Link found between breastfeeding and autism but more research needed

the breast feeding of newborn

They say a picture is worth a thousand words and the image below is quite impressive. It’s the rate of autism over time compared to the rate of breastfeeding over time:


Over the past 4 decades, there has been a shocking rise in the prevalence of autism. Antivax activists have pointed out that there has been an increase in the number of vaccines that infants receive and conclude that vaccines cause autism. But as this graph shows there has also been a dramatic increase in breastfeeding rates. Indeed the two seem to rise in concert over time demonstrating a link between breastfeeding and autism.

[pullquote align=”right” cite=”” link=”” color=”” class=”” size=””]It is grossly irresponsible for any medical professional or organization to announce a link based on a temporal association.[/pullquote]

Obviously more research is needed. We should be urgently investigating whether breastfeeding causes autism. We should reconsider recommendations designed to encourage breastfeeding and ask if we are ignoring the harmful effects. In the meantime, we should direct lactation consultants, La Leche League and the Baby Friendly Hospital Initiative to inform new mothers of the very clear association between breastfeeding and autism. How can women make an informed decision about breastfeeding if they don’t know about the link?

If you read this far you’re probably asking yourself what has happened to my reasoning abilities. Just because two phenomena rise in concert doesn’t make them linked. Sure, it raises the possibility, but it is grossly irresponsible for any medical professional or organization to announce a link based merely on a temporal association. I must be joking, right?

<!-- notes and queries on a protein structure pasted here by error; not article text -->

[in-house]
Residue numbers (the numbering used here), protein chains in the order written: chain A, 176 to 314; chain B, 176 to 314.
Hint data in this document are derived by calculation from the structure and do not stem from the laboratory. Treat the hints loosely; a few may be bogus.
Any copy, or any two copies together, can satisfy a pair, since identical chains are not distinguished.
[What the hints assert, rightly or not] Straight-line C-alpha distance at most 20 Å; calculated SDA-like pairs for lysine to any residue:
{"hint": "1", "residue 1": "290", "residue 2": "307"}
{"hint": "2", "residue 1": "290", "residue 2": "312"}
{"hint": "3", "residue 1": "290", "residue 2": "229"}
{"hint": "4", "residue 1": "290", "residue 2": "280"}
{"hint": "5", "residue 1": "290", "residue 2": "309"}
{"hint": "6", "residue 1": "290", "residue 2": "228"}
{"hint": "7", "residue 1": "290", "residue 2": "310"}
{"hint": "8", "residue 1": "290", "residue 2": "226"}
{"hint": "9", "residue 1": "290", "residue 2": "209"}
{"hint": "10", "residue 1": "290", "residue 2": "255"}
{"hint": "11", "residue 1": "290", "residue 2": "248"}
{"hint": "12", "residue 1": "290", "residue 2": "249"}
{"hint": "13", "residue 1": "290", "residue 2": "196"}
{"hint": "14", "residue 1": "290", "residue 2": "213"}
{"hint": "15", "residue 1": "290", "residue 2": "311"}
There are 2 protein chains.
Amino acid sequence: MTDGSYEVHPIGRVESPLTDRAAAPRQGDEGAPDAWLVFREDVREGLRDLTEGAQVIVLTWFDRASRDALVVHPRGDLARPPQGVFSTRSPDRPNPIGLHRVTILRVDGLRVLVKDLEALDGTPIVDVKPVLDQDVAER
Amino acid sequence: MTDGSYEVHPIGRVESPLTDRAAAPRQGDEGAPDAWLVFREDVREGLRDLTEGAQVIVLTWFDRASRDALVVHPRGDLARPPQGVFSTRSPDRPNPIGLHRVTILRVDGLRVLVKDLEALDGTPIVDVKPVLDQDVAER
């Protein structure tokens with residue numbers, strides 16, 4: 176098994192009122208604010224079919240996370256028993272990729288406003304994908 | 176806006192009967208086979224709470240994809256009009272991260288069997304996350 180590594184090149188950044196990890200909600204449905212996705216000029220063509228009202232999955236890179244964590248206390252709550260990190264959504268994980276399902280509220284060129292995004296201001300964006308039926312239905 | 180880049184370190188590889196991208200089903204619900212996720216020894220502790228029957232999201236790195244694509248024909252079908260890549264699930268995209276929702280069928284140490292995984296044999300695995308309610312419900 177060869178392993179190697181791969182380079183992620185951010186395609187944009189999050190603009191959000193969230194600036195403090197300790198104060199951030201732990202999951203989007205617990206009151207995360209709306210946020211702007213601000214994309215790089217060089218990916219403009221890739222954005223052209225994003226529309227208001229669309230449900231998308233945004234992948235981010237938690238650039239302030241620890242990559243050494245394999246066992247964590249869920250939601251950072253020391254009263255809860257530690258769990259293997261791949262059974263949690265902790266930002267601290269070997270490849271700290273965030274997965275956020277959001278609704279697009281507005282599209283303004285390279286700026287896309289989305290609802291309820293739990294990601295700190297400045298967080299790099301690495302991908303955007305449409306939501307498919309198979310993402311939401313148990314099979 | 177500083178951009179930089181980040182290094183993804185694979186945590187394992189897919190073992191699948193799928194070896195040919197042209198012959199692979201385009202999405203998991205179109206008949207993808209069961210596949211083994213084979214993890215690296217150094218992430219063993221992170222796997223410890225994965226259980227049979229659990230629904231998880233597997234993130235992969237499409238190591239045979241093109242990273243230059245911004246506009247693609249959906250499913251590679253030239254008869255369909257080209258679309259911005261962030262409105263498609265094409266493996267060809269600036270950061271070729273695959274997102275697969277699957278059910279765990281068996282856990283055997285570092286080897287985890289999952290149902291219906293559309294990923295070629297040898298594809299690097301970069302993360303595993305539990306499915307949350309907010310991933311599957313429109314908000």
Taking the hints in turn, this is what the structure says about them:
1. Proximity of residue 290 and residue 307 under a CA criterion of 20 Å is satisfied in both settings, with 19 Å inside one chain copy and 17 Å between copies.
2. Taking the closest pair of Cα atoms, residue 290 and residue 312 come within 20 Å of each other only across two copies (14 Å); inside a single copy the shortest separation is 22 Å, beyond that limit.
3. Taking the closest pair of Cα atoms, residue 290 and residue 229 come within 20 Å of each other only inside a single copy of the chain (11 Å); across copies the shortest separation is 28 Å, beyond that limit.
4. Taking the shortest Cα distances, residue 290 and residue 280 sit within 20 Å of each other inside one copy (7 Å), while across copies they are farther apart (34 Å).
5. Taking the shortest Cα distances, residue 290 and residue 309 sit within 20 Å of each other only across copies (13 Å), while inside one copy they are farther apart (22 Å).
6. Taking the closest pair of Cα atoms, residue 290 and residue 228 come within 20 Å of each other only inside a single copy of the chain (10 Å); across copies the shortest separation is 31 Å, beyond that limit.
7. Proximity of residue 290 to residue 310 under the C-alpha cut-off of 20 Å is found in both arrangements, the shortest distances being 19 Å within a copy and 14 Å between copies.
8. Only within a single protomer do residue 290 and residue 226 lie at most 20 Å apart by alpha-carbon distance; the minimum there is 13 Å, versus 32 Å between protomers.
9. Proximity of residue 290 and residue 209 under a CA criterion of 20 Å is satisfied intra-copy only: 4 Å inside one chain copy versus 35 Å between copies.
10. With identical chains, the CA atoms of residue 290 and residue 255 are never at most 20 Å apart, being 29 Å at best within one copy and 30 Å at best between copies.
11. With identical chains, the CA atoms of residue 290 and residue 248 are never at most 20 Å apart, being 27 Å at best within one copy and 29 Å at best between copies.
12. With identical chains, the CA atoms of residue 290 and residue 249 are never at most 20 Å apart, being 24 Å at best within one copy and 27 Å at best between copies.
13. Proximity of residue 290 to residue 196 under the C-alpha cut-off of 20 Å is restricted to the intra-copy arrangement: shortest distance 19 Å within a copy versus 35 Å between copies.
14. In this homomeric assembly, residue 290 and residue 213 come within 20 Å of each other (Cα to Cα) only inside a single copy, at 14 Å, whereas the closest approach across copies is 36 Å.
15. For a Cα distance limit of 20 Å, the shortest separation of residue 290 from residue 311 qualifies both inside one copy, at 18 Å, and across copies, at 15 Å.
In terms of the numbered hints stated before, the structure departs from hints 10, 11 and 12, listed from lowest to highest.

Yes, I am joking but the folks at Baby Friendly UK are not. Here’s a tweet they published this morning:


Links also found between induction of labor and autism but more research needed #bfconf

The hashtag refers to the UNICEF/Baby Friendly Hospital Initiative conference now under way in Liverpool.

Correlation is not causation, though. Rising autism rates are correlated with rising induction rates AND rising breastfeeding rates. Unless the folks at the BFHI are willing to suggest that autism is linked with breastfeeding, they shouldn’t be suggesting that autism is linked with induction.

The above tweet was part of a series reporting on a lecture by lactation professional Karin Cadwell that demonized oxytocin and suggested that it interferes with breastfeeding.

Wait, what? A natural hormone produced in part to promote breastfeeding interferes with it? Well, sure, if you put it in an IV! Apparently the oxytocin knows where it came from no matter that it is chemically identical to the oxytocin produced by the mother’s body.

If the webpage is any indication, the lecture is an amalgam of the naturalistic fallacy (if it’s natural it must be good; if it’s technological it must be bad), the Panglossian paradigm (nothing can improve upon nature), and utter nonsense like this:

Then, one of our local hospitals hired a full time OB anesthesiologist and epidurals began. The nurses reported an immediate outbreak in flat nipples and babies who had trouble latching. One of the nurses told me that it was almost as though the baby didn’t know that the breast was there! Now, epidurals, labor induction and augmentation with synthetic oxytocin, operative deliveries and elective cesarean births are widespread with ubiquitous breastfeeding problems.